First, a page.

The main idea behind the Angle Addition Postulate is that if you place two angles side-by-side then the measure of the resulting angle will be equal to the sum of the two original angle measures. For this postulate to apply, the vertices, which are the corner points of the angle, have to also be placed together. We can illustrate this idea by using the heads of two arrows. We are going to label the arrowheads with some points to make it easier to name the angles.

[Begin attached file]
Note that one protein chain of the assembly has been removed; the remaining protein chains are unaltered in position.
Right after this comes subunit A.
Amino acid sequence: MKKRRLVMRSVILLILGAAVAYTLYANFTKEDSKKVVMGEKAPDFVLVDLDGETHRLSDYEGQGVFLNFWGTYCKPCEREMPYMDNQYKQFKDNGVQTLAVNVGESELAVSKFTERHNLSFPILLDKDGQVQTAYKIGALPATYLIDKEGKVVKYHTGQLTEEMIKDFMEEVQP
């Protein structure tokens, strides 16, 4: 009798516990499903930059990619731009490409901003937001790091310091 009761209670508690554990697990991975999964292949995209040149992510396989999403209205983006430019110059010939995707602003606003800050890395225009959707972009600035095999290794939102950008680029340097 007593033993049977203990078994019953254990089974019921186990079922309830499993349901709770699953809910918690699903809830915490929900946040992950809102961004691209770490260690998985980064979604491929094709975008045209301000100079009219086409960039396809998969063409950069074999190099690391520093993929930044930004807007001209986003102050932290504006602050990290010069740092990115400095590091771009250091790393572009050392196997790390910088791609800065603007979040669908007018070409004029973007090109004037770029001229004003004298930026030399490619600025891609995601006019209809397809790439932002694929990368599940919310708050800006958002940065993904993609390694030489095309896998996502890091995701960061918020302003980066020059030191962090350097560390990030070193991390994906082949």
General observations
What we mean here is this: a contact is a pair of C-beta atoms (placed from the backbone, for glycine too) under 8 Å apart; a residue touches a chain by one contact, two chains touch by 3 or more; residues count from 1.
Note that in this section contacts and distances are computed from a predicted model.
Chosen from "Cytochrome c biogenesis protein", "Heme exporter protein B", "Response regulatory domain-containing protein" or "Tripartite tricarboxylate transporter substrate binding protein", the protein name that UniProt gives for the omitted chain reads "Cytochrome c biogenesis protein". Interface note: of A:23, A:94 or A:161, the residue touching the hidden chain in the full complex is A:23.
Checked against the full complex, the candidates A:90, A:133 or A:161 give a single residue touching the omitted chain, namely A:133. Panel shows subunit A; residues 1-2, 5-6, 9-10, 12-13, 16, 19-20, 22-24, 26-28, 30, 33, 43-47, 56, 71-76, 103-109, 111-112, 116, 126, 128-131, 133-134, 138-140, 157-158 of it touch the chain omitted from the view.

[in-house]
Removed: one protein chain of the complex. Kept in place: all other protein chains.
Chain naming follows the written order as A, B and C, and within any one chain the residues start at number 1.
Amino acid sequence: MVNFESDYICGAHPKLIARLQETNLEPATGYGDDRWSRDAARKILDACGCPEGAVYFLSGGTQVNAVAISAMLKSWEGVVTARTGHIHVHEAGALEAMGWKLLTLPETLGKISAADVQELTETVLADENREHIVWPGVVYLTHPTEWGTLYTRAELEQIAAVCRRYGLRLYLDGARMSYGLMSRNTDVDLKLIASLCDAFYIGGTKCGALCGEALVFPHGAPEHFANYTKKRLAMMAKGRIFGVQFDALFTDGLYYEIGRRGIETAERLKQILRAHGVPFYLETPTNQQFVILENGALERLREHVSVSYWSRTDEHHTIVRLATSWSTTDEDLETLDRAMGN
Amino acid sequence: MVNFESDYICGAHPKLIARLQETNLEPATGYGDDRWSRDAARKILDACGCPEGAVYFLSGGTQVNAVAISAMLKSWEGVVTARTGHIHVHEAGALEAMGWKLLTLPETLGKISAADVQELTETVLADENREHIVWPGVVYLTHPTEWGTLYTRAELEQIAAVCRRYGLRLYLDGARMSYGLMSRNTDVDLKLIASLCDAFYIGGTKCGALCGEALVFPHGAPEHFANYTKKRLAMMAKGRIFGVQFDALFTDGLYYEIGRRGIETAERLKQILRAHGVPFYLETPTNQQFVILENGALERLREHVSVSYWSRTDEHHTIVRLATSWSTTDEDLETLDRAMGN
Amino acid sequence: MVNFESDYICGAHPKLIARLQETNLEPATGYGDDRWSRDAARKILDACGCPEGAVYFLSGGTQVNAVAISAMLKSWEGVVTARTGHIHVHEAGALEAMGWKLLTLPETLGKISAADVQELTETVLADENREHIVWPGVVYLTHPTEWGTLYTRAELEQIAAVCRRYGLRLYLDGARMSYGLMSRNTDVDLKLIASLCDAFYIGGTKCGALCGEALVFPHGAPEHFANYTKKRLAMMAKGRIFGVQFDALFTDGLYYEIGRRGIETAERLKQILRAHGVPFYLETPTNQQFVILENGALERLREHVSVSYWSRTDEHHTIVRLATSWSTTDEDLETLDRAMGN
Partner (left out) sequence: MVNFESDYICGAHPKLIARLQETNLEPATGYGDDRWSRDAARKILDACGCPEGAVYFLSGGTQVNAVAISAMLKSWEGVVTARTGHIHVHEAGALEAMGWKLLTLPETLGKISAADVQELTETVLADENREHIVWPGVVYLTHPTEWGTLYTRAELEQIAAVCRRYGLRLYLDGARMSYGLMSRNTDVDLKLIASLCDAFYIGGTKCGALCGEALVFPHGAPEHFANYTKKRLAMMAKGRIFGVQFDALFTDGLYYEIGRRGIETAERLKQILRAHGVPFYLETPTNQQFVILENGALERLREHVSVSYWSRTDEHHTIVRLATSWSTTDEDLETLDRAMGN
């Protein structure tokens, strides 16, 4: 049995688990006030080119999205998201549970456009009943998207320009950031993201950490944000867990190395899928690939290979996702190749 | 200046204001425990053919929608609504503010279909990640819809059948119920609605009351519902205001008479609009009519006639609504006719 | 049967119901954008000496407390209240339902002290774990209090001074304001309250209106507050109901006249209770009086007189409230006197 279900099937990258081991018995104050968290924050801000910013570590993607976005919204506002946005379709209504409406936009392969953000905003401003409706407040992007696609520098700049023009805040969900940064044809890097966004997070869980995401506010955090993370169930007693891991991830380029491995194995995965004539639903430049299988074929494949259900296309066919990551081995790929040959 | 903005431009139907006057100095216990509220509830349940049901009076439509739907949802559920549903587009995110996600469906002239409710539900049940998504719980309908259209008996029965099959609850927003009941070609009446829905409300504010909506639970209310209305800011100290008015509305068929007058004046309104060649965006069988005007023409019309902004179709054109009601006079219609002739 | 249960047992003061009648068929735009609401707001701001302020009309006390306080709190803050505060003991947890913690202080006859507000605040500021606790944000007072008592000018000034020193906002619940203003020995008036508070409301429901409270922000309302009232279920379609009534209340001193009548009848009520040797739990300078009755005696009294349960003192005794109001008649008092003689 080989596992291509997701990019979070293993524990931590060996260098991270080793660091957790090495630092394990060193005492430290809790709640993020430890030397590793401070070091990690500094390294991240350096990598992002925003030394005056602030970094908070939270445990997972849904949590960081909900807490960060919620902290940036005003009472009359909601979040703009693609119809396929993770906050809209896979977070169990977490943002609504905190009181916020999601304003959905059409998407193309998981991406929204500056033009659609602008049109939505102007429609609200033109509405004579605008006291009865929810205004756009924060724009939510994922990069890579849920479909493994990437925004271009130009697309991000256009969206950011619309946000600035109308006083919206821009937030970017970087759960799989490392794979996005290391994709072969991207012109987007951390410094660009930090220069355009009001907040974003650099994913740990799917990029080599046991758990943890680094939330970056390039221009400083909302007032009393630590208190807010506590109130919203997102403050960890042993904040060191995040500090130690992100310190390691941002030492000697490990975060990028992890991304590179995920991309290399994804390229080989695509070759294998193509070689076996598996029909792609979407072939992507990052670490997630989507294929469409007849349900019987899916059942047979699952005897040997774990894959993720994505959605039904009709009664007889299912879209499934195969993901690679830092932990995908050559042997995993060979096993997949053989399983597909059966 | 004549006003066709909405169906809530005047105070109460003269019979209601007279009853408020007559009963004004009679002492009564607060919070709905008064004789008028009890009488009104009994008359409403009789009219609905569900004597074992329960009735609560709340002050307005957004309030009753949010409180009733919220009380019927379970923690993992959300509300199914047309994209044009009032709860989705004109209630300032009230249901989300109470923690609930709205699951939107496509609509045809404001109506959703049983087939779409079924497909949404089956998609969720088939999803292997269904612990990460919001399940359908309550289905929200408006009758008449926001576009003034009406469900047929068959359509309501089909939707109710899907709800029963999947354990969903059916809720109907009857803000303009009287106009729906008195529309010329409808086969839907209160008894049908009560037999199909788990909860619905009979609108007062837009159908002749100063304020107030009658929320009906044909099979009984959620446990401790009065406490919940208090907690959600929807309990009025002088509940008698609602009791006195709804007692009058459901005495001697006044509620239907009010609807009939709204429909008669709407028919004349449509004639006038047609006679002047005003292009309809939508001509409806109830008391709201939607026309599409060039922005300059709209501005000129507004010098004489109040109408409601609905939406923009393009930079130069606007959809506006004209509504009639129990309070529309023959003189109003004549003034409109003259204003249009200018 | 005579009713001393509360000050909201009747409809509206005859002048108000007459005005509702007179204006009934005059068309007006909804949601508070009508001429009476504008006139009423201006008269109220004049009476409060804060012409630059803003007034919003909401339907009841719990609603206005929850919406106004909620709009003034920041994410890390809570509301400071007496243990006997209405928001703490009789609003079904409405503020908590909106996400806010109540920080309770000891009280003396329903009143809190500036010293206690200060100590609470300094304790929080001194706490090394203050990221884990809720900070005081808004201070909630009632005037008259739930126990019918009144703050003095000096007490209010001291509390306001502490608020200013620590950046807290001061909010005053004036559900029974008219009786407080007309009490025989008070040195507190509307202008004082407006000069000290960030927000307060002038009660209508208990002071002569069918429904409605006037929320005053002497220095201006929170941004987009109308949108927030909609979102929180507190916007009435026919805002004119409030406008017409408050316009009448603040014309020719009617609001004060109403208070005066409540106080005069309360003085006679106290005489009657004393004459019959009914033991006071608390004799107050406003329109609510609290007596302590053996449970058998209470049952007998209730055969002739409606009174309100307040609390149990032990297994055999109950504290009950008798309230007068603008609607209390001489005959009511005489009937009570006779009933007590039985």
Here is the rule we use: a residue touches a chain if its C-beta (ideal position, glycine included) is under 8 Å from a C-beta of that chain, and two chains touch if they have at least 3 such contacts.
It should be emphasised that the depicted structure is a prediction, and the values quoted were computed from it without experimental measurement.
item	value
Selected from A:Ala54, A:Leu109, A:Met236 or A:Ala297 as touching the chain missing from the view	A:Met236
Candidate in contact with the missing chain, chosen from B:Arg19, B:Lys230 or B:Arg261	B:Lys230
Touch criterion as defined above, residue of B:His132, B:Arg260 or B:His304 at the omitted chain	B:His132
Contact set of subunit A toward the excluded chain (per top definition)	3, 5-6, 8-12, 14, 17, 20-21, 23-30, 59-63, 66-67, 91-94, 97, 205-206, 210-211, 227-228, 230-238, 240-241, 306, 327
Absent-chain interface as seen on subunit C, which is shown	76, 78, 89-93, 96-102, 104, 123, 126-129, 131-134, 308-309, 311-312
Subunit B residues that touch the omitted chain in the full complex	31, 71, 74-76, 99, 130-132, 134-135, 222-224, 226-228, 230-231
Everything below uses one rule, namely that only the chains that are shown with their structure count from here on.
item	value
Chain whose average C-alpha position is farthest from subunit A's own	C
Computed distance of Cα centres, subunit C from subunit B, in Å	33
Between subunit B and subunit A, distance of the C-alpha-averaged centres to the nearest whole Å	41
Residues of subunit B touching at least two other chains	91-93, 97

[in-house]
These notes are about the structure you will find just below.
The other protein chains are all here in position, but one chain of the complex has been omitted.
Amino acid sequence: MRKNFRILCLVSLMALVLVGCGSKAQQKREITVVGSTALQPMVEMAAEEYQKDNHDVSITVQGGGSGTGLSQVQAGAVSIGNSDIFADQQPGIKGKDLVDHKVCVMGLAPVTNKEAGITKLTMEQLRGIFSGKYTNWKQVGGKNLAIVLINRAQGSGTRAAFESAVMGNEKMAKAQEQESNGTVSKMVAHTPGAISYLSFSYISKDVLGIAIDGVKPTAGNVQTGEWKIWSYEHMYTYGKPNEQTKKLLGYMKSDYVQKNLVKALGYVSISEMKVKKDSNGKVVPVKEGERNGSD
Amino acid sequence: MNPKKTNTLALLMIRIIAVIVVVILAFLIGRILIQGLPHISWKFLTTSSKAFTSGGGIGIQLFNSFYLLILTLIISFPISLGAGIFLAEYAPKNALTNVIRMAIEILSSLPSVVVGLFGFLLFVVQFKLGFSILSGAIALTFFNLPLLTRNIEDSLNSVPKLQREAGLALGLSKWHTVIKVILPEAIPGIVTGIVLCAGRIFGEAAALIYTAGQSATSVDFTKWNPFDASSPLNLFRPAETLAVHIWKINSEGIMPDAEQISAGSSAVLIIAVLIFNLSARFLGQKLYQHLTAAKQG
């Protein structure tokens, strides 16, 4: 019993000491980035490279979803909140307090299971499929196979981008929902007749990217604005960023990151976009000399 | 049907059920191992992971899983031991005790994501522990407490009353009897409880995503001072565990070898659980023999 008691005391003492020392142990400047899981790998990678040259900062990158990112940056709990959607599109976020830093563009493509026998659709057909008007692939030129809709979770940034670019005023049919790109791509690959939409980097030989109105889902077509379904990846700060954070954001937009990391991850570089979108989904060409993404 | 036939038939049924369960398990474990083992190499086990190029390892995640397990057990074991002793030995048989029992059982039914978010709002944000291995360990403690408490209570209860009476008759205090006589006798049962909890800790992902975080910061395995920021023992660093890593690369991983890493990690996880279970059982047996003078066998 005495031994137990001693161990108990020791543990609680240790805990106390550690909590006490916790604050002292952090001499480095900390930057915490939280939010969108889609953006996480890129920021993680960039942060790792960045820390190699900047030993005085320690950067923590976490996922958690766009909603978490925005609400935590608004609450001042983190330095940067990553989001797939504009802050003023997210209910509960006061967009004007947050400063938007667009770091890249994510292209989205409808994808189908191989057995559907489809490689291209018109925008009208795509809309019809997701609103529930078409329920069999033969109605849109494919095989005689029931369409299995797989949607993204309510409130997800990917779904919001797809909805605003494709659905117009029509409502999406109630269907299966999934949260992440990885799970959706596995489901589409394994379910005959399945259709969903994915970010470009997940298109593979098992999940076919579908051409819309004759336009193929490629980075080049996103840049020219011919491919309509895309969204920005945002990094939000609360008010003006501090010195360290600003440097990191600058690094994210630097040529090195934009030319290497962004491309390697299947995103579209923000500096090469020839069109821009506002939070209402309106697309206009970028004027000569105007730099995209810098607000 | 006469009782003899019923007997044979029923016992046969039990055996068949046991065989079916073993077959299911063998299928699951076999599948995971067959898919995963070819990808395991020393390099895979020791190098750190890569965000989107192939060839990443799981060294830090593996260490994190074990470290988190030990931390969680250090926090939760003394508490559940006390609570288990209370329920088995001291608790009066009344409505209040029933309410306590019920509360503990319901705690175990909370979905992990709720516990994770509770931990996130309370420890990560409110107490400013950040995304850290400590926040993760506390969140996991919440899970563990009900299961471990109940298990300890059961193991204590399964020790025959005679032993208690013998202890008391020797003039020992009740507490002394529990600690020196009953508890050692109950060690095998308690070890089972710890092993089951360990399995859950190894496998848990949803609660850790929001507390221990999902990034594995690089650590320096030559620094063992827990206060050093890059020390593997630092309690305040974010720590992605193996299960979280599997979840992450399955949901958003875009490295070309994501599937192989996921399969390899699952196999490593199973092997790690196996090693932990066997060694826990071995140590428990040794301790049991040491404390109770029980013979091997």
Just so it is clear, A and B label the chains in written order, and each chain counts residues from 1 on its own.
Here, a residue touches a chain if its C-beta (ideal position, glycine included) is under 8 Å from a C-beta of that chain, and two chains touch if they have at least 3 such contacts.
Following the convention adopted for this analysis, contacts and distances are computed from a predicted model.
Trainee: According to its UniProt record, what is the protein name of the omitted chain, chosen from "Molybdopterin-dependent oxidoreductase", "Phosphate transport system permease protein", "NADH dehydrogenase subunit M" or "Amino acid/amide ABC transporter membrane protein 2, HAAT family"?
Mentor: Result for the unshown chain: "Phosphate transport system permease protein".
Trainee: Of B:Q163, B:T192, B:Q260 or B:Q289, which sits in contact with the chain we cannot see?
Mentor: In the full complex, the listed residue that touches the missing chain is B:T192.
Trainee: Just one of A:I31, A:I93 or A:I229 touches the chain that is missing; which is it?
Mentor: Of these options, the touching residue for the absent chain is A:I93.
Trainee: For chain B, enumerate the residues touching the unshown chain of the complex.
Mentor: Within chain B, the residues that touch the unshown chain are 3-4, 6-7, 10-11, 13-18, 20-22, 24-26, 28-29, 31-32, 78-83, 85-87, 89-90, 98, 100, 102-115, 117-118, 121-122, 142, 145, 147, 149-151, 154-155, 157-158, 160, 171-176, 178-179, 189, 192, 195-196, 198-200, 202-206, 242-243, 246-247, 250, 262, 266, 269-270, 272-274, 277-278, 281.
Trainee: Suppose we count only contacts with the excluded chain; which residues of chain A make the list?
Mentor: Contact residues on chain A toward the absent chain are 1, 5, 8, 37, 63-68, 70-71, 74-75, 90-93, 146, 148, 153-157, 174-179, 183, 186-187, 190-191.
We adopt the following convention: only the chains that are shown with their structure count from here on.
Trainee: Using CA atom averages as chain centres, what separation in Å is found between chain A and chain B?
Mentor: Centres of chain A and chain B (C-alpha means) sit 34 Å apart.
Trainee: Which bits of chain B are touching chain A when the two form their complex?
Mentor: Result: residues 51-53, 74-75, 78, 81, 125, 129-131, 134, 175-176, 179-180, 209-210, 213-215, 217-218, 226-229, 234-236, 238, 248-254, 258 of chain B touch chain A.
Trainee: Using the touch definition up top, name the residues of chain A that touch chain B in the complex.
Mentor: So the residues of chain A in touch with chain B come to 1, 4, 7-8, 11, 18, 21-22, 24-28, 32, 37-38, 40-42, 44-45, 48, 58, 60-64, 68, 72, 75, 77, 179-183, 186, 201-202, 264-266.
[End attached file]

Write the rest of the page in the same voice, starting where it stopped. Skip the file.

Angle Addition Postulate states that if a point S lies in the interior of ∠PQR, then ∠PQS + ∠SQR = ∠PQR.
If the sum of the two angles measure up to 900, then the angles are called to be ‘complementary angles’.
If the sum of the two angles measure up to 1800, then the angles are called to be ‘supplementary angles’.
The angles sharing a common side are called as ‘adjacent angles’.